Elections will mean no changes for economy

Jason Cuevas, Clarion Staff Writer

In case the Occupy Wall Street protests haven’t clued you in, there’s a bit of an economic problem going on in this country. Technically we have been experiencing growth, but it’s creeping at such a slow rate that it is barely noticeable. Unemployment remains very high with no signs of an increase in hiring. So, why is almost nothing being done?

The reason the government is passing nothing is because of democracy. I know – it’s the best part of being American. We’re a free country. We have a government by the people, for the people. The problem is that elections have now made our current government leaders gutless.

Let’s look at what the two political parties in our country have offered up lately. The Republican’s most recent job package contained the usual suspects seen in any of their economic packages. You have some business tax cuts, curbing back regulations, reducing the debt and drilling for more oil.

The effect of any of these proposals is certainly debatable. There is a solid argument that none of those things will bring jobs quickly, or even at all. Nothing in the bill will be giving someone a job next month and none of them will bring us anywhere near pre-recession levels of employment.

The reason for this seems clear. Republicans have no desire for the economy to actually get better before the election. Their proposal would score a few points with their banking and energy donors. Also, the Tea Party loves any kind of government cuts, leaving Obama and the Democrats with the anchor of a bad economy while trying to paddle down the river of the next election.

There is no political benefit for Republicans in improving the economy. If they pass something with Democrats then Obama gets the credit of a better economy and the ability to get results from a divided government. The Republican’s best chance in the next election is for the economy to still be in a poor state. The fact that an election is coming up actually makes politicians not want to make things better for the people.

On the other hand we have the Democrat’s jobs bill. It has a couple of nice proposals to keep teachers and emergency first responders employed. The reality is that it’s pretty thin on immediate job creation itself, though it would add about 1.9 million jobs. Unfortunately, we need about seven times that to get back to pre-recession levels.

It’s frustrating that the current administration does not seem to understand the extreme scope of the current unemployment crisis. What’s more disturbing is the manner in which it was presented.

The president came out and immediately demanded that his entire jobs package be passed with none of it being broken up. With Republicans having control of the house and a filibuster-proof majority needed to pass almost any major legislation in the senate, there wasn’t even a small chance this would happen. It’s political theater.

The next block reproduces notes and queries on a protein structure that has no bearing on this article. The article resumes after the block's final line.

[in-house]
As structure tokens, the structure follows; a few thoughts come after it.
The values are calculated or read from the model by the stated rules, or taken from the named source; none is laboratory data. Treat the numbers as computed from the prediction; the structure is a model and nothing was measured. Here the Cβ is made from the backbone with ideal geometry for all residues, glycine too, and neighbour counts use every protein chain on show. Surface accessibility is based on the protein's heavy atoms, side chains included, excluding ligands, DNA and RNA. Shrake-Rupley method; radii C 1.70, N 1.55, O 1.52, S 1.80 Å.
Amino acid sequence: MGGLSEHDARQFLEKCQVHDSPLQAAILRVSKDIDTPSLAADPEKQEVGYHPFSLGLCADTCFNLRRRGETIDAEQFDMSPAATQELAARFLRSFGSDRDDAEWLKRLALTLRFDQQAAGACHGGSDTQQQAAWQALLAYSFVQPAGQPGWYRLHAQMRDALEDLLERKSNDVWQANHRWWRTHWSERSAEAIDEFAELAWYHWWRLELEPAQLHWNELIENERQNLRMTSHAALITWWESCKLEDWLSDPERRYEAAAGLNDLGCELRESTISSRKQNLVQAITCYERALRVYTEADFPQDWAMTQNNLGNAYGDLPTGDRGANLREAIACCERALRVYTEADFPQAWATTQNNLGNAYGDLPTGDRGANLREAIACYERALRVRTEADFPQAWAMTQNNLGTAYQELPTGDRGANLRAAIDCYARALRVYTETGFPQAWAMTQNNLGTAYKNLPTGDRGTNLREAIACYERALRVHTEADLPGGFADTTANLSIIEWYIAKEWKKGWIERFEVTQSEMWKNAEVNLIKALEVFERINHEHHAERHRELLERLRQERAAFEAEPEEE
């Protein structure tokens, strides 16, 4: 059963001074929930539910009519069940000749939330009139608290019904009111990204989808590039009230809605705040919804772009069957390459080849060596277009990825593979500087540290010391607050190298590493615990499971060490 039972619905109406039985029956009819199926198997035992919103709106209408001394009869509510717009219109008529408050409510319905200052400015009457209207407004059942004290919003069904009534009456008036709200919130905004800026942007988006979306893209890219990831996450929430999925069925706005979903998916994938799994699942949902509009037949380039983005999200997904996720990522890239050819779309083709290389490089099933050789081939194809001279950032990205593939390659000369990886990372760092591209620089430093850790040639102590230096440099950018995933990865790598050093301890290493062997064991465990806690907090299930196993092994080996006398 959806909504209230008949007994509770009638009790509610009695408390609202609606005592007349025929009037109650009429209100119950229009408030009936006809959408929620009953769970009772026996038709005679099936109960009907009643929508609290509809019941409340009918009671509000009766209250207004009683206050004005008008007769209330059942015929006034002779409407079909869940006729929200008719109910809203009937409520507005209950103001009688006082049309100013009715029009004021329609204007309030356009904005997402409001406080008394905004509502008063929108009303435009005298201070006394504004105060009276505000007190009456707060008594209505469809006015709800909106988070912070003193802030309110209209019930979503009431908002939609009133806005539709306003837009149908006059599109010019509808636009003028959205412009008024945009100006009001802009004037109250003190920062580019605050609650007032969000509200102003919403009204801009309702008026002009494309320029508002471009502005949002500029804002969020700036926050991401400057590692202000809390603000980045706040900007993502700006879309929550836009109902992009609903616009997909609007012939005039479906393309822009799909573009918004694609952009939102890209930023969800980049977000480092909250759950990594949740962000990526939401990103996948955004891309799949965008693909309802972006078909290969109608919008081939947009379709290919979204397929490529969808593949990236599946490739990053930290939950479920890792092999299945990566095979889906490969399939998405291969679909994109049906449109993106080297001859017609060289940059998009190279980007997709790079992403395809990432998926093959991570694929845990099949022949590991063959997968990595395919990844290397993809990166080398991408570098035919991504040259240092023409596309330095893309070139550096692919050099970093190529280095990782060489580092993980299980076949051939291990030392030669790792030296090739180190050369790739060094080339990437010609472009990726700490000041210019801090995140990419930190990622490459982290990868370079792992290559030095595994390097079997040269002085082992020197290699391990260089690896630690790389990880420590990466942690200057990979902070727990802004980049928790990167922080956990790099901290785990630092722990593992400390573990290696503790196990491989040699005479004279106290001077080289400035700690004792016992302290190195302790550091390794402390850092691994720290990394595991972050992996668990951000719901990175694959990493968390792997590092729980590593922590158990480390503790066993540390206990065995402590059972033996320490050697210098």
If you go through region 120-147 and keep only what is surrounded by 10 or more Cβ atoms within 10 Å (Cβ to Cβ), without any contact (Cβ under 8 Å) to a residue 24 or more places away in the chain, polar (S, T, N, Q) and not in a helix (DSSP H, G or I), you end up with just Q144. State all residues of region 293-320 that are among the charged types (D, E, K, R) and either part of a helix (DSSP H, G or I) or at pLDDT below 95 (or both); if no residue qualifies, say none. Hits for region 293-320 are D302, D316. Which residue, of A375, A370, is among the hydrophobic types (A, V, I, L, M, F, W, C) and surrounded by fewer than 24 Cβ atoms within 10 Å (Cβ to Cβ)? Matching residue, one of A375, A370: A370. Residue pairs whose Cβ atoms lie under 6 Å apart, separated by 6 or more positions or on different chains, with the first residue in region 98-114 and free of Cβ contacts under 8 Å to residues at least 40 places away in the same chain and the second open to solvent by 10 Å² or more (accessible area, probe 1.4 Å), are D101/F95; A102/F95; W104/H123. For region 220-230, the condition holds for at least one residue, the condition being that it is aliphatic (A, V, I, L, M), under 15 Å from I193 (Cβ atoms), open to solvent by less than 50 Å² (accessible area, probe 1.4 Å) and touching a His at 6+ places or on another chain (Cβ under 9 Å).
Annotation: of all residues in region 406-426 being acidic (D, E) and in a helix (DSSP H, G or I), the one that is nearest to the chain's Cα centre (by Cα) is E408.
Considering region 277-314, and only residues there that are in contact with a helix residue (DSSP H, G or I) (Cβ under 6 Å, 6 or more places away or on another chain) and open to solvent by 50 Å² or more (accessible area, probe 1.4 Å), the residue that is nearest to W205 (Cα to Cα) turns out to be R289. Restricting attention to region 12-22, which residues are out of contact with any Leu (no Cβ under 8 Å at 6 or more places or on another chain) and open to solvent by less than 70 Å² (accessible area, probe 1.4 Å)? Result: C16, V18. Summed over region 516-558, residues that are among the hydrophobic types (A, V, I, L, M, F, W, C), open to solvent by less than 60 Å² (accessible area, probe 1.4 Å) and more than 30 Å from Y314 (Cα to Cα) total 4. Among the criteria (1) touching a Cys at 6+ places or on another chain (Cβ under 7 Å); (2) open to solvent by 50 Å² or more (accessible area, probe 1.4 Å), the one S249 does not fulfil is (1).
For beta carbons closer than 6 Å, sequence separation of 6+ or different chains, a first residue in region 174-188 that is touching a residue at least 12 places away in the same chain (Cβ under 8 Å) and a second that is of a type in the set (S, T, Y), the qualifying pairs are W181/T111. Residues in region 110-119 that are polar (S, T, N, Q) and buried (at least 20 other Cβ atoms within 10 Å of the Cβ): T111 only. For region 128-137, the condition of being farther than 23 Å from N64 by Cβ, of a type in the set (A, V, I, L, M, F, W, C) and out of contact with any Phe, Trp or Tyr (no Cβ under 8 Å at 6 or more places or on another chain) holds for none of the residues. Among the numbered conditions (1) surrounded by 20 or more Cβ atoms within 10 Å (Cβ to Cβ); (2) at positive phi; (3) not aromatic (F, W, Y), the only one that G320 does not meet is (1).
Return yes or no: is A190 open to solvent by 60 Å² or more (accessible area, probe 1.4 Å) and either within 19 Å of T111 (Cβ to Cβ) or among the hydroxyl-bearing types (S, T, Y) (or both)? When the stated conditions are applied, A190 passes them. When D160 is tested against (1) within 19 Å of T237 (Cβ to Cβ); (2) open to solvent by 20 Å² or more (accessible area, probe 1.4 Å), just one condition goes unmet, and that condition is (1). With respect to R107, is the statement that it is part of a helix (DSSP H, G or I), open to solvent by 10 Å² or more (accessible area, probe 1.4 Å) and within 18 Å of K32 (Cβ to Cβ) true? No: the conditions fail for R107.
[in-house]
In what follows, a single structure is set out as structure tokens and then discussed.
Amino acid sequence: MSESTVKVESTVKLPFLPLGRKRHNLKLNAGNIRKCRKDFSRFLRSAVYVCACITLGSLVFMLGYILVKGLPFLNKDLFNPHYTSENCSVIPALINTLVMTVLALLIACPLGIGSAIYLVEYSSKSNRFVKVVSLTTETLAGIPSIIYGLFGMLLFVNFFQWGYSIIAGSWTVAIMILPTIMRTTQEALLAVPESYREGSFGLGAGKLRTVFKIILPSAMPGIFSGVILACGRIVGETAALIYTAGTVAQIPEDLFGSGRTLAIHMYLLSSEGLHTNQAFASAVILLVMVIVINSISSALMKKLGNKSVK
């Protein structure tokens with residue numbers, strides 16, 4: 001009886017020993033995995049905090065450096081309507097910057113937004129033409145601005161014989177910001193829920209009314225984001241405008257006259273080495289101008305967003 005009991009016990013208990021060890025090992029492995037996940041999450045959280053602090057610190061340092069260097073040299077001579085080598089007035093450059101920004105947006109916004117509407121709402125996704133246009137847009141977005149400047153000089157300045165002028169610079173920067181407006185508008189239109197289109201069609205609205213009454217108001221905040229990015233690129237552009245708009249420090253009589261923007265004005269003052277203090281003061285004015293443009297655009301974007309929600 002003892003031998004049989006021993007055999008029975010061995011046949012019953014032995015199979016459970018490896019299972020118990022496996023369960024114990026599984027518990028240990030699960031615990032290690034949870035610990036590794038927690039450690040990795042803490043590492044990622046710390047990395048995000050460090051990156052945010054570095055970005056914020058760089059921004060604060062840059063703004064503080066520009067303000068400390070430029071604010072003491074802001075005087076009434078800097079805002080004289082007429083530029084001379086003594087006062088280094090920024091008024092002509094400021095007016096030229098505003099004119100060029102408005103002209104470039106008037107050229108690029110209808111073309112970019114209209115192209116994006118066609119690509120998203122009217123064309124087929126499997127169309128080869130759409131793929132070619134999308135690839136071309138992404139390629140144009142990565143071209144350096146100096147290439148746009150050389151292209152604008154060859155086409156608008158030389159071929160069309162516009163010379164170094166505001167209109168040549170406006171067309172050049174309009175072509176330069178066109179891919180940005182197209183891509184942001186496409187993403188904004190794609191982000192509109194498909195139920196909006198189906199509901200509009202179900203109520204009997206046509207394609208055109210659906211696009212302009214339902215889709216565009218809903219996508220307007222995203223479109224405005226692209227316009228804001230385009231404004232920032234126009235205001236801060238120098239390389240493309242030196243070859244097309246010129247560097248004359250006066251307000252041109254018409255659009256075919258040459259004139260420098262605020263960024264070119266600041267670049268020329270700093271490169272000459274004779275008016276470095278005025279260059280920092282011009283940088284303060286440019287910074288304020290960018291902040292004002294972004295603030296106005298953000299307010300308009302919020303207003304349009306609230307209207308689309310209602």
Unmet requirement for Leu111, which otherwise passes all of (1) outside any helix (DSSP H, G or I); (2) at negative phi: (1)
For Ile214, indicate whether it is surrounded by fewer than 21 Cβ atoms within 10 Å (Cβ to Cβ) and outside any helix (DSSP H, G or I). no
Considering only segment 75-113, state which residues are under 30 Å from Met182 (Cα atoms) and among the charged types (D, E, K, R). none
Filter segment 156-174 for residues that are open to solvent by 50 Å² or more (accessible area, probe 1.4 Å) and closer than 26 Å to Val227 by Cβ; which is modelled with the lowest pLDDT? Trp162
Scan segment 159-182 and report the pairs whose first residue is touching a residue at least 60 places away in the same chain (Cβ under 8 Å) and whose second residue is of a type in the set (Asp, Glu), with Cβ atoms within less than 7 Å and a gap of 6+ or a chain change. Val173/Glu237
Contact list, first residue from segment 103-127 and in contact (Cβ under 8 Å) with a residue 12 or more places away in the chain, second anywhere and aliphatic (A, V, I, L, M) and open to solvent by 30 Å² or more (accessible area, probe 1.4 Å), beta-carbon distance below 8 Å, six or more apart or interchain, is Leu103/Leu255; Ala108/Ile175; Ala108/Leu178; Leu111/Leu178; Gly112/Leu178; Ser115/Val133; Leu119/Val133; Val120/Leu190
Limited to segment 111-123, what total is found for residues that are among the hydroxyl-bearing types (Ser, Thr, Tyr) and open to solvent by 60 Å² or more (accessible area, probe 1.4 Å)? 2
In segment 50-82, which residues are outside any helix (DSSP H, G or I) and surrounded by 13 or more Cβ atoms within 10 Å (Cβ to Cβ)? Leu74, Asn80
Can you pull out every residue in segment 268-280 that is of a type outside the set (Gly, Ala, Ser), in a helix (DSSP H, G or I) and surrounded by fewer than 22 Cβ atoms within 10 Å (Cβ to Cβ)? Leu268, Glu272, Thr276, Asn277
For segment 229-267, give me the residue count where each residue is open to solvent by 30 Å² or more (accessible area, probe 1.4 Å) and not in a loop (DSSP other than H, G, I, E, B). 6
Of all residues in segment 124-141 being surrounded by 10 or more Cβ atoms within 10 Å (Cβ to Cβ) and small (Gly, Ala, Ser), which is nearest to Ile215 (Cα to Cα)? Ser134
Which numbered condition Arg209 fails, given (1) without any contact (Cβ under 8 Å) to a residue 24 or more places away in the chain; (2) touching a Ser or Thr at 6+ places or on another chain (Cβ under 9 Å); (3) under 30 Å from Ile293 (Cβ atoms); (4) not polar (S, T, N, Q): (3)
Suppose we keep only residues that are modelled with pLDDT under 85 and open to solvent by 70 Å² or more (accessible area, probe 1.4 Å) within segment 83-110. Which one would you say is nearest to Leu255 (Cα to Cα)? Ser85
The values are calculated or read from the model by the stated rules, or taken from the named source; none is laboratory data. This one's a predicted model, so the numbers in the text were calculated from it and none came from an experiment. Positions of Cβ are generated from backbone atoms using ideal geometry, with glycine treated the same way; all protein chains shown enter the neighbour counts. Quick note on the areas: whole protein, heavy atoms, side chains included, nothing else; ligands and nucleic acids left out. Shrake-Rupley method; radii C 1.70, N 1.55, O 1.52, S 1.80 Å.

You can’t deny that it’s politically advantageous to try and point out that the Republicans don’t really want the economy to get better before the election, but in doing so you’re wasting time. While 1.9 million jobs may not be all that we need, it would still help. Time would be better spent actually creating jobs as opposed to uselessly puffing out their chests to each other.

If splitting a bill into parts is the only way to get an up or down vote on legislation, then do it. It seems that this will now be the path, but why did it take weeks of nonsense to get to that obvious place? Good leadership would realize we have a crisis and devote its time to immediate action. Instead we have two parties trying to sell us snake oil.

There are things that could actually turn this economy around. A real jobs stimulus program focused on construction projects. We have schools, roads, bridges and rail systems that are falling apart. Let’s fix them.

The problem for politicians is that this would be a bold action. Big time money would be spent. Some tough financial choices would have to be made. For all the words about big action that politicians throw out, none of them want to actually do big action during election time.

Action means explanations and details, and answering to constituents. We have created a system where the safest thing for our leaders to do is keep the status quo, even if that status quo is hurting all of us. Instead of election time making politicians work harder than ever to do the best for the country, they do their best to have no bills to explain while campaigning instead.

We have accepted a sound bite political news world that makes changing your mind about something a political fault. If you suggest bold reforms, you are out of the mainstream. If you want the government to help, you’re a socialist, which apparently is spooky. Everyone is too afraid of the repercussions to actually do anything.

Until we actually use our elections to put those in office that might make mistakes but are at least willing to take action, we can continue to expect our economic outlook to be exactly the same as it has been.